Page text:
Is Mineral Sunscreen Reef Safe?

Mineral sunscreens are the simplest and most effective alternatives to reef-damaging compounds. The most popular ingredients in them are zinc oxide and titanium dioxide which are chosen for both their effectiveness in protecting the skin and in their harmlessness to coral reefs.

These compounds work primarily by reflecting harmful UV rays away from the skin rather than absorbing them. They also have the added benefit of breaking down much more easily and faster in the environment.

Is Zinc oxide reef safe? Nano-sized zinc oxide is able to penetrate the skin to work instead of sitting on it as a whitish visible layer seen in mineral sunscreen. But this ability to penetrate the skin is also the cause for concern that it might add to the oxidative stress to marine life. Regardless, even nano-sized zinc oxide is reef-safe but research continues on its possible impacts on aquatic ecology.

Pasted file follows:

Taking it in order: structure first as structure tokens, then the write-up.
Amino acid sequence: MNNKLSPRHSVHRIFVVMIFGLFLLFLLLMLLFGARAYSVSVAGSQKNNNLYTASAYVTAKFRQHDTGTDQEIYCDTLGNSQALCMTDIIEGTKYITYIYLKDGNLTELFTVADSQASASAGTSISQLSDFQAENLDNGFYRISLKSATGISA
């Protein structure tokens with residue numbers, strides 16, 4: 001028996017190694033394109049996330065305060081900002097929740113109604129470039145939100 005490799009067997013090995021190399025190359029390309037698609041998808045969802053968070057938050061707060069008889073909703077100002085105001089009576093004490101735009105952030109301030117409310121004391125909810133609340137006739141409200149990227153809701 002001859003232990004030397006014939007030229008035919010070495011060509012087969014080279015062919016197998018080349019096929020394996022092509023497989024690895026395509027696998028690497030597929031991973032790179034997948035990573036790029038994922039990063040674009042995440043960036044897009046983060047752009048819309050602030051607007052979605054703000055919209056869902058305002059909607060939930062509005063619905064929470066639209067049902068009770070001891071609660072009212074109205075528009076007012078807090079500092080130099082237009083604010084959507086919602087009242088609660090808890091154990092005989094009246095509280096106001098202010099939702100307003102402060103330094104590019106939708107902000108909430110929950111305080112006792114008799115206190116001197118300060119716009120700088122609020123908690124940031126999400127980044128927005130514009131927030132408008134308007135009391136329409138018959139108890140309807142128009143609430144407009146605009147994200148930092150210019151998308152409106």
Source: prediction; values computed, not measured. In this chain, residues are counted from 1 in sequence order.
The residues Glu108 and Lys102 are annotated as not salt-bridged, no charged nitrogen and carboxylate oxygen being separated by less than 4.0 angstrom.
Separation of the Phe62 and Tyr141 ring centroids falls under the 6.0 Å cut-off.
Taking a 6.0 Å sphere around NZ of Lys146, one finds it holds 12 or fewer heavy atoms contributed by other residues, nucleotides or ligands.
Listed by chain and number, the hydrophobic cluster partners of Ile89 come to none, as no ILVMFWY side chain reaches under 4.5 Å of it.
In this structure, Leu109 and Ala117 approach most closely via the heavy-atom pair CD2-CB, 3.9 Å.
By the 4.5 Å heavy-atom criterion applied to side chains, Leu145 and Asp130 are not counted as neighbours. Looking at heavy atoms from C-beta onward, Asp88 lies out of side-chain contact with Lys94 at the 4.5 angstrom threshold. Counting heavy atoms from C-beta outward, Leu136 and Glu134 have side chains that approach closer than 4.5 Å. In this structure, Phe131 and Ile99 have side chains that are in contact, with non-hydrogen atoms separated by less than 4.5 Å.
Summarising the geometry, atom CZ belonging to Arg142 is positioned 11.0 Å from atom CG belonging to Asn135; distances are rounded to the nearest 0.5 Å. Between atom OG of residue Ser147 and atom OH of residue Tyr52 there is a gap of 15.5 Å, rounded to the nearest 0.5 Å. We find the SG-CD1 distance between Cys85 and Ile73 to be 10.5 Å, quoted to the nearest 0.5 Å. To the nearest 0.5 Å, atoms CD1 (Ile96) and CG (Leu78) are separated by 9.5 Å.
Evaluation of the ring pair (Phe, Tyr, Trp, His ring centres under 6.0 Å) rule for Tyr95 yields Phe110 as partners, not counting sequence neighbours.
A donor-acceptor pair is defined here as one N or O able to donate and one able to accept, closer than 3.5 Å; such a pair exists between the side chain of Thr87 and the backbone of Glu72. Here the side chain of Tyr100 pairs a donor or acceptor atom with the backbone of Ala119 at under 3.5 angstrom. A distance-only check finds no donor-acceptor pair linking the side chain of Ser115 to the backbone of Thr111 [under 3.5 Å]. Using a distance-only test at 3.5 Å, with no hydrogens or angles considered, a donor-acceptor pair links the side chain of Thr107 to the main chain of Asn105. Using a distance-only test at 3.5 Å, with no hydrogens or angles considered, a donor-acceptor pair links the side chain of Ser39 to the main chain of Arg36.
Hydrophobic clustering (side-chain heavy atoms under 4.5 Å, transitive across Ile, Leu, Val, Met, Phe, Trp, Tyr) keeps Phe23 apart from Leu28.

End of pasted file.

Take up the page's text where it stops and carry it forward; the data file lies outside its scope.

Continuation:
biodegradable sunscreen

Is Chemical Sunscreen Bad for Your Skin?

Sunscreen comes with two types of active ingredients: mineral or physical sunscreen and chemical sunscreen. So far we have looked into the effects of both types on the environment, but is one safer than the other?

Chemical sunscreens just like mineral sunscreens were created to protect the skin from the negative effects of UV rays on the skin. They protect the skin from the effects of the sun such as sunburn, breakdown of collagen (which leads to signs of premature aging like wrinkles, sagging, and age spots), as well as the risk of cancer.